Department of Functional and Comparative Genomics

Scientists in our Department apply genomic data to comparative analysis between species and systems to understand functions and interactions.

The Department hosts a diverse group of researchers working in plant, animal, and microbial systems.

Our research

We cover a wide range of research, including:

  • Understanding the effects of methylation in crop plants
  • Mechanisms of pathogenicity in microbial infections
  • Identification human genes involved in ageing
  • The evolution of endosymbiont genomes in insects


We have published many large genomic and proteomic studies. These include the first publications of the wheat, tsetse fly and bowhead whalegenomes.


We apply comparative techniques to physiological studies, including discovery of how the gut senses dietary sugar.


Our researchers use functional genomics to understand pathogenic mechanisms of Salmonella and Staphylococcus. We also study host‐microbe symbioses.

Plant sciences

The plant scientists are interested in molecular processes and regulation of photosynthetic mechanisms and circadian rhythms. We have a major research program on engineering CAM photosynthesis into C3 plants, and have published extensively on the genetic regulation of the plant circadian clock.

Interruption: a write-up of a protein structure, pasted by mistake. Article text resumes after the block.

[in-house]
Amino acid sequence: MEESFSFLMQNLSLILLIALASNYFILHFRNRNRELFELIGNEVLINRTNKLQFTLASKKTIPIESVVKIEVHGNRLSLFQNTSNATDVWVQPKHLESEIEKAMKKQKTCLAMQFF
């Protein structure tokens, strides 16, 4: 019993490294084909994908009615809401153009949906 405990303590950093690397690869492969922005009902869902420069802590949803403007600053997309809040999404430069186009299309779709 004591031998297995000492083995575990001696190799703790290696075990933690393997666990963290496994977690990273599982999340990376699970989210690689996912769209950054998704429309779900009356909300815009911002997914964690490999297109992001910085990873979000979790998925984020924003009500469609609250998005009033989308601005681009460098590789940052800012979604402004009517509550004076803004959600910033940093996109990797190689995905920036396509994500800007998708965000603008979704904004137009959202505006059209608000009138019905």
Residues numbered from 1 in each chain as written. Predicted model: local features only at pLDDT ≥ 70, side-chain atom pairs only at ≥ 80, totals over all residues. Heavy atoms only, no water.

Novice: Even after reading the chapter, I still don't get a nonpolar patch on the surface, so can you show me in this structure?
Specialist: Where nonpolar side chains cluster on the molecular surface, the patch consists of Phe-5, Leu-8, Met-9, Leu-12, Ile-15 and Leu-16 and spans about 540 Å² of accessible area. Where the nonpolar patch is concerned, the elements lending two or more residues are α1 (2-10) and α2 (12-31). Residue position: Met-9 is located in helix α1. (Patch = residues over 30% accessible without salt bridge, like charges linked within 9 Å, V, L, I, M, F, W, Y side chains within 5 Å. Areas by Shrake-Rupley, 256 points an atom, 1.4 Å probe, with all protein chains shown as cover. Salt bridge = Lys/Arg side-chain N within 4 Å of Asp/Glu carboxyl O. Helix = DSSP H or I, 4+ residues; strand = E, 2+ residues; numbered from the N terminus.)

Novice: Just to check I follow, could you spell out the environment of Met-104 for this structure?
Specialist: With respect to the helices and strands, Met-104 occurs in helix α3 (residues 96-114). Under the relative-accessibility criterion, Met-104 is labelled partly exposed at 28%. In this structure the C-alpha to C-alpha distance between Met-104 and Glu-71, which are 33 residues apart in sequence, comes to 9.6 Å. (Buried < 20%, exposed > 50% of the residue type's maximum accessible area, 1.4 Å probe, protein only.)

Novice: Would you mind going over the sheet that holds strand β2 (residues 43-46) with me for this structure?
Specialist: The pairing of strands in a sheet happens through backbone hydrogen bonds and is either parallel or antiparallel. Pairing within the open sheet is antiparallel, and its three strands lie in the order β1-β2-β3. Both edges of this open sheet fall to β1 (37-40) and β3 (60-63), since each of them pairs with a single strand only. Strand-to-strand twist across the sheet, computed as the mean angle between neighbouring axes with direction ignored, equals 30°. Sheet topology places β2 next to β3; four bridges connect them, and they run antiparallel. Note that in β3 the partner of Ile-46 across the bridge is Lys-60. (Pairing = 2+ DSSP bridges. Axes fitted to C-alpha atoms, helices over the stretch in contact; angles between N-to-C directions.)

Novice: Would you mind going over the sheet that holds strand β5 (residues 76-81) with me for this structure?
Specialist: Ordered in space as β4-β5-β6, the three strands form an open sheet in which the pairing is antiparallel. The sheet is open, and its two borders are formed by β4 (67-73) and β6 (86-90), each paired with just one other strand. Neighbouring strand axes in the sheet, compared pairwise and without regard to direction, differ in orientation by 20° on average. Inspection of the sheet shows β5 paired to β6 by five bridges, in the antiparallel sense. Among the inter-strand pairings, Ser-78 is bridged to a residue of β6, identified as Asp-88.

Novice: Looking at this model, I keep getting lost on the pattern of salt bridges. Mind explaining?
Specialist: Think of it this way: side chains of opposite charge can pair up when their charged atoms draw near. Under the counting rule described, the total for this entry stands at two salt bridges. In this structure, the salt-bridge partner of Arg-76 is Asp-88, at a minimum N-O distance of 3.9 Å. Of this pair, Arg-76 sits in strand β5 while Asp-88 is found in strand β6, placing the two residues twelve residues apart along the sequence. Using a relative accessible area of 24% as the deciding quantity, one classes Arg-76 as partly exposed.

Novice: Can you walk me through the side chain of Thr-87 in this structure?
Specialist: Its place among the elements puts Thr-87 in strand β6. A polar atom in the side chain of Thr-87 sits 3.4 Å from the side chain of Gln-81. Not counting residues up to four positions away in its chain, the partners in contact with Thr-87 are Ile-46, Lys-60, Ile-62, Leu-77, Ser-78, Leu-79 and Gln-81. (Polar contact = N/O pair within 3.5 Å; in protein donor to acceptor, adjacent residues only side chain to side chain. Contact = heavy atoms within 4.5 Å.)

Working with us

We provide a environment for close mentoring for people interested in working in genetics, systems biology, and comparative analysis in animals plants and microbes. We have state of the art facilities in Genomic sequencing technology and expression analysis as well as synthetic biology (Link to GeneMill) and high performance computing. We have a BBSRC Doctoral Training Partnership with the University of Newcastle and Durham University which provides diverse training opportunities for graduate students.

We collaborate extensively with research groups across the Institute, in other Institutes and beyond Liverpool, both nationally and internationally.

Head of Department

Prof Mark Caddick 

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